Twitter May Need To Increase Fact Check Staff Due To Trump Dispute

Twitter May Need To Increase Fact Check Staff Due To Trump Dispute

Twitter’s dispute with President Trump may end up costing the social media company, Wall Street analysts say.

By moving on to the president’s flag tweets and fact checks, the company led by Jack Dorsey is opening up to intense scrutiny of its practices in ways that could compel it to expand the 1,500-member content moderation team that controls its platform.

“Every time a technology company, whether it’s Apple, Microsoft, Facebook or Twitter, comes into the spotlight, there are also many challenges,” Wedbush analyst Dan Ives told The Post.

Ives noted how Facebook added more than 10,000 content moderators after it became known that the company was unable to crack down on Kremlin-backed sources seeking to influence the 2016 US presidential election, including through the purchase of ads. in the place.

“From a volume and user point of view, Twitter trying to do this with complete precision would be like trying to count grains of sand on the beach,” Ives said.

Last month, Twitter announced that it would begin adding fact check tags to disputed or misleading tweets about the coronavirus amid fears that the hoaxes would spread across the Internet. He then expanded these labels to include misleading content related to the integrity of the election only after marking a tweet from Trump where he claimed that the mail ballots are “substantially fraudulent.”

The tag, which included a link telling users to “get the ballot data in the mail,” prompted the president’s allies to wonder why similar warnings had not been placed in tweets by other prominent Twitter users, including a Chinese government spokesman who accused the United States of causing the coronavirus.

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Twitter only places misinformation labels on tweets it deems misleading if they were generated by a public official. Everyone else is simply suspended or even expelled from Twitter, depending on their record.

But dozens of public officials also use Twitter, including mayors, state officials, police officers, federal agencies, not to mention foreign leaders, experts said.

“I think if you’re starting to follow the path of fact-checking, then presumably you will need more fact-checkers,” said Third Bridge analyst Scott Kessler. “This has been done before in various contexts and it definitely costs money.”

“For a company that is apparently being quite conservative in terms of the way they have positioned themselves and operate, this appears to be an additional obligation,” he added.

In a statement to The Post, a Twitter spokesperson said it does not foresee additional hires for his team.

“We have appropriate personnel for the job. Protecting public conversation is a job being done by teams across the company, including product, trust and safety, curation and the Twitter service, ”the spokesperson said.

But analysts are skeptical that Twitter’s content review operation is much smaller than that of its competitors. Facebook, for example, has around 35,000 people working on “safety and security,” and Mark Zuckerberg has so far refused to follow in Twitter’s footsteps when it comes to examining posts by public officials.

In private comments from July 2019 leaked to The VergeZuckerberg questioned whether Twitter could expand its content moderation even if it wanted to.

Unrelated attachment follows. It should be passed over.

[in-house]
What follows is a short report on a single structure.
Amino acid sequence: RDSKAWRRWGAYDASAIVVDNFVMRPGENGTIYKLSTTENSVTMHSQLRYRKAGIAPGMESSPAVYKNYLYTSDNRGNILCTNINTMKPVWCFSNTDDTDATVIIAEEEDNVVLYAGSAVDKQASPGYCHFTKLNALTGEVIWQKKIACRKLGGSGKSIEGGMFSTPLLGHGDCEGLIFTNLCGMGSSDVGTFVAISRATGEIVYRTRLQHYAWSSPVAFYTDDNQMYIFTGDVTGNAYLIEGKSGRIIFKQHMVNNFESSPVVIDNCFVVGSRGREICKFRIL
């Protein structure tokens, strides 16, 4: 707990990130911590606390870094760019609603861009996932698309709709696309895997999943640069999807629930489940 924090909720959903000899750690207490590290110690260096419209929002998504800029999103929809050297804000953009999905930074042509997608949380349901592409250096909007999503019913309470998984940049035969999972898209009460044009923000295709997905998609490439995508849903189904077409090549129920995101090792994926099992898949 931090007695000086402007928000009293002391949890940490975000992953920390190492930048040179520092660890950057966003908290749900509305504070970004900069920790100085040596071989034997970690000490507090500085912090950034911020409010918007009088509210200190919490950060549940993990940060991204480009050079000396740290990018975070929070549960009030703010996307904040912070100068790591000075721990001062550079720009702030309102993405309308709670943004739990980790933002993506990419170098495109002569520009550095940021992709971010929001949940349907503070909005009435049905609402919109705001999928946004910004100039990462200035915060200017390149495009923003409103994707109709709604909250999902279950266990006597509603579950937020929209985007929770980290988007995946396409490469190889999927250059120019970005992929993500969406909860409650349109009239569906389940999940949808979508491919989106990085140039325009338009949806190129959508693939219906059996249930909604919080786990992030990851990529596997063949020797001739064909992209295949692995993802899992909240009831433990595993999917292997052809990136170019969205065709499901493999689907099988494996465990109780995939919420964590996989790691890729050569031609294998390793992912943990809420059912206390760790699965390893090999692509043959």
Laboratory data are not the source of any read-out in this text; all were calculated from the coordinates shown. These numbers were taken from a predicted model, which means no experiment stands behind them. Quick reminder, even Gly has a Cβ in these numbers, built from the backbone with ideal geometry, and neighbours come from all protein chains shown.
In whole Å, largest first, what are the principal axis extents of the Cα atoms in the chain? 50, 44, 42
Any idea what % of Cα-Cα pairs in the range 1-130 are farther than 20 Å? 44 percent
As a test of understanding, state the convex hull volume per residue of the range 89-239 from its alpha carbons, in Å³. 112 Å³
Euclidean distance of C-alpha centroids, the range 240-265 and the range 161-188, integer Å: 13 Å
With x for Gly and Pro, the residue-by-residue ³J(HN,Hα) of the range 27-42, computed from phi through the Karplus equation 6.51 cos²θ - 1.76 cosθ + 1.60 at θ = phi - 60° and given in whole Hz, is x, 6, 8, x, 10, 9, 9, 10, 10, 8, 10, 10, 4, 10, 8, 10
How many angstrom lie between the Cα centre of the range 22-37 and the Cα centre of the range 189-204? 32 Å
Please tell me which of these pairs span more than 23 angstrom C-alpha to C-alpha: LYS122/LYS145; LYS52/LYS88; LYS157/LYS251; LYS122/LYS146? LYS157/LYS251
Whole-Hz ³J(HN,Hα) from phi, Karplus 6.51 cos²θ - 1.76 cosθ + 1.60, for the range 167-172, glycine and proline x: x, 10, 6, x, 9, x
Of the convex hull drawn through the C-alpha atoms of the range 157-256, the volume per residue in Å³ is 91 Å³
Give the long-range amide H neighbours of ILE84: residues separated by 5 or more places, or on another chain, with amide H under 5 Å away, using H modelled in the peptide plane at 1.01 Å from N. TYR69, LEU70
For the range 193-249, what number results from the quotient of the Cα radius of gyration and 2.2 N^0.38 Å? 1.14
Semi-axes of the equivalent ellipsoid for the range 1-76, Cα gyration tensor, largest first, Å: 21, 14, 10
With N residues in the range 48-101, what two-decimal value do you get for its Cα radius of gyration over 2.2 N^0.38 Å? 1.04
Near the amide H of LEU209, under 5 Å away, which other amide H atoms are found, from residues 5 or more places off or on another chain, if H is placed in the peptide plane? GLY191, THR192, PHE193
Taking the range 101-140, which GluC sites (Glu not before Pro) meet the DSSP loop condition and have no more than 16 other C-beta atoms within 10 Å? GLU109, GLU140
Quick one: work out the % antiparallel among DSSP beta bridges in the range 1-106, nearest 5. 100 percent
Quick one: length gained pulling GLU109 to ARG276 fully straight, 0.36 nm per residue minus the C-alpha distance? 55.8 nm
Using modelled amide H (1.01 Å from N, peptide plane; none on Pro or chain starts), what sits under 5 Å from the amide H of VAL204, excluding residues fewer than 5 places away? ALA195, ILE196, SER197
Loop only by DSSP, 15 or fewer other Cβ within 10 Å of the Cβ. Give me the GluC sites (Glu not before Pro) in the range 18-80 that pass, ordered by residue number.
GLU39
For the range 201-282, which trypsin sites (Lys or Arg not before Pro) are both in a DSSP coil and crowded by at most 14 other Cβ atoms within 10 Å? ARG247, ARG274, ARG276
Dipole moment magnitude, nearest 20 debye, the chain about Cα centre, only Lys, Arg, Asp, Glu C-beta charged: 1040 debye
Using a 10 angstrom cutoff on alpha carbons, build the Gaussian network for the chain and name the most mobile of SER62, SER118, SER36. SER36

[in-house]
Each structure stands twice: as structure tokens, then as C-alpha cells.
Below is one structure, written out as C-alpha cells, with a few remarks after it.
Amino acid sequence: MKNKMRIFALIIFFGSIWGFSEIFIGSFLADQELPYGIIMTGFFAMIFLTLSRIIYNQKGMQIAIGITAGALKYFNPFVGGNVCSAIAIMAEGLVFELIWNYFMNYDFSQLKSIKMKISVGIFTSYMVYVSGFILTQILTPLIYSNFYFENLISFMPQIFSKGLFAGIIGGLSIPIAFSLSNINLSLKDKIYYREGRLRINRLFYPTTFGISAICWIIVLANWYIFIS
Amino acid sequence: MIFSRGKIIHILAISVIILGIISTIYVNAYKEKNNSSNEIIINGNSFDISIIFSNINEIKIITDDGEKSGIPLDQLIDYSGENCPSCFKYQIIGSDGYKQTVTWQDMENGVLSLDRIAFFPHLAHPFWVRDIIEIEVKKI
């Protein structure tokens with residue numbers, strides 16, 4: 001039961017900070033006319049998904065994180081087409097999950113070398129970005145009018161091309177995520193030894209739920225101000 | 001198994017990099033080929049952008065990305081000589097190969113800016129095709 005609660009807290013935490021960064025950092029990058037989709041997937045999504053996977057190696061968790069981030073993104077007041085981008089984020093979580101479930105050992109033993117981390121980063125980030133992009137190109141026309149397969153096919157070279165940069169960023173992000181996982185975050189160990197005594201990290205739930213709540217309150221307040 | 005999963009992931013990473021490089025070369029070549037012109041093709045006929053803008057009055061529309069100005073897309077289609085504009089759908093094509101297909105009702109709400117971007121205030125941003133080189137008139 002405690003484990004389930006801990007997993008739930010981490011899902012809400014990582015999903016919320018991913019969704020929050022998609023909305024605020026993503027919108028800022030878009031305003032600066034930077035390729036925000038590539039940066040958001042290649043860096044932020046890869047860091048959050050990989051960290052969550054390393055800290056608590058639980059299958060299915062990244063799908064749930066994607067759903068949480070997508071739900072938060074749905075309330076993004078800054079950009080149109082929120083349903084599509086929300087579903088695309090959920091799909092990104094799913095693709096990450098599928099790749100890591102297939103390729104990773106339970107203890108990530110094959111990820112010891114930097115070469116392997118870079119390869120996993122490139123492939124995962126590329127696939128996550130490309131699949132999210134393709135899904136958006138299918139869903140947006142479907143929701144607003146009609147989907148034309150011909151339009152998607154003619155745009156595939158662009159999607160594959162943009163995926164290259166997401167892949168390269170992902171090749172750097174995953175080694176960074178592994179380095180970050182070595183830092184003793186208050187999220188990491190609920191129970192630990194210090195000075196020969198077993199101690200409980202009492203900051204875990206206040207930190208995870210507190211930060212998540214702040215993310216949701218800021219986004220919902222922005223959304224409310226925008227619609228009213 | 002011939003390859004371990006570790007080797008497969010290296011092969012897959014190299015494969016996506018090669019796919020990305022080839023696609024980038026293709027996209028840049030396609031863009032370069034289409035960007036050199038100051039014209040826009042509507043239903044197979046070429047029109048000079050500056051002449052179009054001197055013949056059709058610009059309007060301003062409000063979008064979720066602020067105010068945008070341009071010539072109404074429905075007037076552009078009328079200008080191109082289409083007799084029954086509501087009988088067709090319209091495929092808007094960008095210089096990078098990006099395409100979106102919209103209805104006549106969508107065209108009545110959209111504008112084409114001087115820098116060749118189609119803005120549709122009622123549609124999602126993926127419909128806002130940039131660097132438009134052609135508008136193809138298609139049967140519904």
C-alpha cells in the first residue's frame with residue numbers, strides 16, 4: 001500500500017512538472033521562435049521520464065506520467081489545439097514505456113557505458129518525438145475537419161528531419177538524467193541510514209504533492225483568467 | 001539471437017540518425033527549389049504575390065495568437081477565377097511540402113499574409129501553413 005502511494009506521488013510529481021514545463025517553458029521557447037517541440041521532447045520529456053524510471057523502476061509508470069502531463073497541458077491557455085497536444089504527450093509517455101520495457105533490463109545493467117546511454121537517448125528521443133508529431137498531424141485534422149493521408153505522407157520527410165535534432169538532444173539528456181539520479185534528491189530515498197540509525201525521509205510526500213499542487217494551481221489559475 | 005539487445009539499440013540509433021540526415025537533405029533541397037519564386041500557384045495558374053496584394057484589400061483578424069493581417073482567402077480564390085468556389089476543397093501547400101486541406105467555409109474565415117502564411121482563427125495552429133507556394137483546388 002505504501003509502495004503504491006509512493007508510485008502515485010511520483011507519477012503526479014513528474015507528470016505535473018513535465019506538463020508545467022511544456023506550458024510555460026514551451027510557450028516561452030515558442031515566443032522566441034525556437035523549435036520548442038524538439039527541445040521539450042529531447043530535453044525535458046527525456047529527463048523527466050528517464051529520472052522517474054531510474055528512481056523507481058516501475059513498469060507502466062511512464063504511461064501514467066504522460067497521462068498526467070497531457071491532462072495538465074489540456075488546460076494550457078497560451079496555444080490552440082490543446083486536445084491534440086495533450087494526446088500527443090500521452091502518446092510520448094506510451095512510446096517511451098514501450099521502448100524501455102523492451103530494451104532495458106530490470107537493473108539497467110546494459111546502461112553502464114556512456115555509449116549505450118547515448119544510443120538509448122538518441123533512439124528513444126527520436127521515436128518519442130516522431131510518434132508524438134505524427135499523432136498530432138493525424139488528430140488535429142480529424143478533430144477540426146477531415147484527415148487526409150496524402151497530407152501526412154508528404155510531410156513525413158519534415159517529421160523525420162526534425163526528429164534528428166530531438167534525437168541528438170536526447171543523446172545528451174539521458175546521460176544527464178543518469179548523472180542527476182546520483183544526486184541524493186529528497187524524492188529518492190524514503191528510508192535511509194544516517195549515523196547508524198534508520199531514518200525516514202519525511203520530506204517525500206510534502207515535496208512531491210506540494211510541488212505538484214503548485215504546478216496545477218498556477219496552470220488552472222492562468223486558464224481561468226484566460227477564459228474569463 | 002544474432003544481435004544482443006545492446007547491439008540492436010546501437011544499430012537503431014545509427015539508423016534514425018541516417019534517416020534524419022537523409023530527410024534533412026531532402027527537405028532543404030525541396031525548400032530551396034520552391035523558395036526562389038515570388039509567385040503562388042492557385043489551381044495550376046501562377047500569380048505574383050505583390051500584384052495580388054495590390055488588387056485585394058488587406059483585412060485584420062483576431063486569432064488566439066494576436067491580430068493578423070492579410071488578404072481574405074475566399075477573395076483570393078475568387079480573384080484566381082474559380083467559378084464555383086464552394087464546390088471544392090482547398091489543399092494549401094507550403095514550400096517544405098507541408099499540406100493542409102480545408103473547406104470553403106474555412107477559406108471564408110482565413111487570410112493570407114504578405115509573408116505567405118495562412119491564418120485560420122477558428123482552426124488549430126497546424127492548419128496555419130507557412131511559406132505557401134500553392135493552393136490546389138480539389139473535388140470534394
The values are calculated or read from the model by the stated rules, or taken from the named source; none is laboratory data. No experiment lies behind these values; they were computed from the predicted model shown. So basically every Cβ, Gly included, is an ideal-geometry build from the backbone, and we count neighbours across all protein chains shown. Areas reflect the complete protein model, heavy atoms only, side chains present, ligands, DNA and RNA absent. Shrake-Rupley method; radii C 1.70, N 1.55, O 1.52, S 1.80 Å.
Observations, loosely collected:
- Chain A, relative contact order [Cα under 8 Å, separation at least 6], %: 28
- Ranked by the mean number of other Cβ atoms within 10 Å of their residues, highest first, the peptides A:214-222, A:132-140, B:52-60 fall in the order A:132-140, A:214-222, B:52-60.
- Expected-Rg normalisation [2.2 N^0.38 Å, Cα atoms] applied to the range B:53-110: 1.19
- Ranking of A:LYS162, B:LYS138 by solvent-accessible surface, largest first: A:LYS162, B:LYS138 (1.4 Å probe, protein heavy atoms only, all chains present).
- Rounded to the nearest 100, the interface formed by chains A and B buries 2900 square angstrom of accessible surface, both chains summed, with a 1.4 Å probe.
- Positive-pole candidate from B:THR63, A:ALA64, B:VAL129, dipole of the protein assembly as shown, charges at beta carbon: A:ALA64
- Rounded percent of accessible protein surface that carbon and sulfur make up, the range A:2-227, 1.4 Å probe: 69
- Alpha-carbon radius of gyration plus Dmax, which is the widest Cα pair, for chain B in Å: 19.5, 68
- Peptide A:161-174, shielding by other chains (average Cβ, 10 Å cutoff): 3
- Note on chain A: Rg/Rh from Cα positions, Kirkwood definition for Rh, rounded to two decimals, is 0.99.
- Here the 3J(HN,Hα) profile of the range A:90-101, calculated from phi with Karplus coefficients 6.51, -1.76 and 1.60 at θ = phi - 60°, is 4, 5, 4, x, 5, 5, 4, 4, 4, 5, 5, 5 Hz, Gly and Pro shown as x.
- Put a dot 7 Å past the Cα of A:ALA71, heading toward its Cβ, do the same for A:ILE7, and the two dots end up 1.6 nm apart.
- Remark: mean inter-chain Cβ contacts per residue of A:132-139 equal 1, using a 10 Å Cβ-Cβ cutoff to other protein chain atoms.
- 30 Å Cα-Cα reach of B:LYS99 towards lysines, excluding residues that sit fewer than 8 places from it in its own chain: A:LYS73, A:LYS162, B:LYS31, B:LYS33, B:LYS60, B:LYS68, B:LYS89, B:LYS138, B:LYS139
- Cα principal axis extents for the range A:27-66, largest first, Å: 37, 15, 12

“I mean, they face, qualitatively, the same kinds of problems. But they cannot invest. Our investment in security is greater than your company’s total revenue, ”said Zuckerberg.

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How big the Twitter tagging process should be is not entirely clear in part because the operation is still a bit like a black box. Following the Trump-linked uproar, the company has said its decisions are made by a team of executives, including Twitter’s general counsel and the vice president of Trust and Security. Twitter CEO and founder Dorsey is briefed before taking action.

Twitter has also revealed that a nonprofit team associated with his electoral integrity center notified his team of Trump’s tweet, and that the tweet pinged between a series of top brass until Dorsey finally signed the flag.

When The Post contacted him and asked for more details about his dialing system, a spokesperson noted company blog post about exceptions to its rules and declined to provide additional information.

The blog post says that the only accounts that can break Twitter rules and not be suspended or removed entirely are those of elected and government officials “given the great public interest in learning about and being able to discuss their actions and statements.”

Twitter says it evaluates each case “individually and in a way that takes into account context and history,” noting that “this is new territory for everyone” and that it has yet to establish a precedent.

The San Francisco-based company also announced last June that it would begin marking abusive tweets from world leaders. At the time, he promised to use the tool on “rare” occasions when a tweet blatantly violates his policies.

With cable posts.

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Cory Weinberg

About the Author: Cory Weinberg

Cory Weinberg covers the intersection of tech and cities. That means digging into how startups and big tech companies are trying to reshape real estate, transportation, urban planning, and travel. Previously, he reported on Bay Area housing and commercial real estate for the San Francisco Business Times. He received a "best young journalist" award from the National Association of Real Estate Editors.

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